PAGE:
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The Jesuit Antiracism Sodality East

“Then Jesus said, “I came into this world for judgment, so that those who do not see might see, and those who do see might become blind.” Some of the Pharisees who were with him heard this and said to him, “Surely we are not also blind, are we?” Jesus said to them, “If you were blind, you would have no sin; but now you are saying, ‘We see,’ so your sin remains.” – John 9:39-41



Much like the rest of the world, I’ve struggled with what to think of regarding Israel-Hamas War. I was shocked as I watched footage from the October 7th massacre in which over 1,400 Israel Civilians were murdered in cold blood. The resulting backlash from the Israeli government is also devastating with now over 11,000 Palestinians killed by Israeli rockets launched into Gaza. Most of the injured and dead are innocent men, women, and children. I cannot see the way forward in this situation. I feel blind.

The fact is I’ve been blind to the realities in the Holy Land for a long time. I’ve never experienced the pains of anti-Semitism and the knowledge that many people would like to see my ethnicity and religion erased from existence. Nor have I ever been forced out of my land and home and placed in an area in which I wasn’t able to leave. I’ve never had to live in fear for my life. But that is what both Israelites and Palestinians have faced for decades. Racism isn’t just an unpleasant sidebar of their lives—it’s actually fueling a war in which most of the people dying are innocent civilians.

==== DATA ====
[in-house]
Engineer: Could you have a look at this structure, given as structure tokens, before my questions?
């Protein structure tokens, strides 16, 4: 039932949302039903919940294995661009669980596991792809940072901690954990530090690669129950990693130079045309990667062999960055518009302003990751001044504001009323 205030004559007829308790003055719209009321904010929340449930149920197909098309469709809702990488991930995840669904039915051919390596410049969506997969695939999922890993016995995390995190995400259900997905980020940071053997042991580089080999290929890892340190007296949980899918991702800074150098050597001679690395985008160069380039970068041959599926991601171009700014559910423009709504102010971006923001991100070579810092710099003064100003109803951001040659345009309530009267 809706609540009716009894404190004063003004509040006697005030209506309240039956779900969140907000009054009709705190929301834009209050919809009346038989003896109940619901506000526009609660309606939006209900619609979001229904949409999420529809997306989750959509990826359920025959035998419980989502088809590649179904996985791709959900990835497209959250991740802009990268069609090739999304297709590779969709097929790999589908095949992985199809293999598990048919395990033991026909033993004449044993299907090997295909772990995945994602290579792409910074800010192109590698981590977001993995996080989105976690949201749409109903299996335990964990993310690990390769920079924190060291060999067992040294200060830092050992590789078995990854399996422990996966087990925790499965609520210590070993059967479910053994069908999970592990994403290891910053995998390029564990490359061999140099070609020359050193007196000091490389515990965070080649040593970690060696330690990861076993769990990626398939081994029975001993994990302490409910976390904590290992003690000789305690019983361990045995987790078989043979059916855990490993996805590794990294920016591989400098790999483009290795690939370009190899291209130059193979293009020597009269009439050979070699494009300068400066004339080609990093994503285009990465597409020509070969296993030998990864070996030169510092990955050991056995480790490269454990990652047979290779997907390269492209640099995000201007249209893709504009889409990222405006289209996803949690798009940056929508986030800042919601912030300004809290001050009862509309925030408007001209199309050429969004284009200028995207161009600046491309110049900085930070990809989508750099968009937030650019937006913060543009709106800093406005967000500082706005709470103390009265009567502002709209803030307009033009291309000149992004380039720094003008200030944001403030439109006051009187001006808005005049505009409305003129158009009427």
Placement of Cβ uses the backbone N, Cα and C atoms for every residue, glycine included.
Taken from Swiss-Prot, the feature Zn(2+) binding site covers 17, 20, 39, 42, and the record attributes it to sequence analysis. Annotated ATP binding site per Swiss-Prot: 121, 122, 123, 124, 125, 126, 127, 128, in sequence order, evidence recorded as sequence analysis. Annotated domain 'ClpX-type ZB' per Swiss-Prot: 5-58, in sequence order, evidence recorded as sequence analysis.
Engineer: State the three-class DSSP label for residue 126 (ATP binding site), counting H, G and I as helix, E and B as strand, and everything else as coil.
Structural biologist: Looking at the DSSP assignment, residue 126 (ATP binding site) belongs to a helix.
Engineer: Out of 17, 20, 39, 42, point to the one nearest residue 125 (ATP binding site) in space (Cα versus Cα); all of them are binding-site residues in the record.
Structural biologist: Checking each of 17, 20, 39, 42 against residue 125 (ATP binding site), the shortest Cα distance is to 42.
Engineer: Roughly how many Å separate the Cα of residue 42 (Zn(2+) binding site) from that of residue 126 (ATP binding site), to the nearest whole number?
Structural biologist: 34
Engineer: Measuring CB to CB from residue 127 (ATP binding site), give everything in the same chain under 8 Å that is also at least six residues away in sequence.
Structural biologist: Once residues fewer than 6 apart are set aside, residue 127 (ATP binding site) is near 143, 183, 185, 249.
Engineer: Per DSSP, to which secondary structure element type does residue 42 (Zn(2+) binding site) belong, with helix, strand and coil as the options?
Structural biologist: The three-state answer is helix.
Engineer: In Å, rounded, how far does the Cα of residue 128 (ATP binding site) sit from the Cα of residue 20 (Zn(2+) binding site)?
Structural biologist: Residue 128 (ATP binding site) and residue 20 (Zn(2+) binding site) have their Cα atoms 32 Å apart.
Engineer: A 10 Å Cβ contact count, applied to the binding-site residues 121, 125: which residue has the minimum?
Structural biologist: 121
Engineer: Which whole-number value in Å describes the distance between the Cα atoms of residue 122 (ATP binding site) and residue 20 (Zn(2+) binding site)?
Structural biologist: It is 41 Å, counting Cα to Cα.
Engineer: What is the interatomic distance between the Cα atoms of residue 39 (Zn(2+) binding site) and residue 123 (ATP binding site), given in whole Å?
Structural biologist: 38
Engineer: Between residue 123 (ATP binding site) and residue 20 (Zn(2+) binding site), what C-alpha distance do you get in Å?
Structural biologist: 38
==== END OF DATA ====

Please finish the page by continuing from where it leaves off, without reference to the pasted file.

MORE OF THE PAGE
I don’t pretend to know what the answer is, but I do know that Christ is seeing and suffering with every man, woman, and child killed and injured in the Holy Land and in all warzones—and he calls us to do the same.


I recently moved from the Central American country of Belize, where I was doing prison ministry the past three years. Now, I’m studying theology at the Boston College School of Theology and Ministry (STM). At the STM, I’m surrounded by women and men who are dedicating their lives to the service of others as ministers, teachers, preachers, social workers, counselors, and many more roles. It’s such a gift to be a member of such grace-filled people who inspire me to be more dedicated, more loving, and more joyful.

One person I’m particularly grateful for is Fr. Michael Boughton, the superior of my Jesuit community here in Boston. In a Jesuit formation community like the one I live in, a superior’s mission is to provide loving support and direction to the men under his care. My work at the prison these past few years was emotionally exhausting, and I came at Boston in need of some rest, prayer, and reflection. Before I even arrived, Fr. Michael took time to reach out and offer me much needed affirmation, encouragement, and advice.

Who in your life inspires you and fills you with joy? When’s the last time you thanked them for their presence in your life? I challenge you to let them know in these coming weeks. ‘Tis the season!

This month’s reflection was provided by Ian Peoples, SJ, of Boston College.  If you would like to volunteer to provide an upcoming reflection, please contact Jason Downer, SJ:

The views and opinions expressed in this reflection do not necessarily reflect those of Jesuits USA East.

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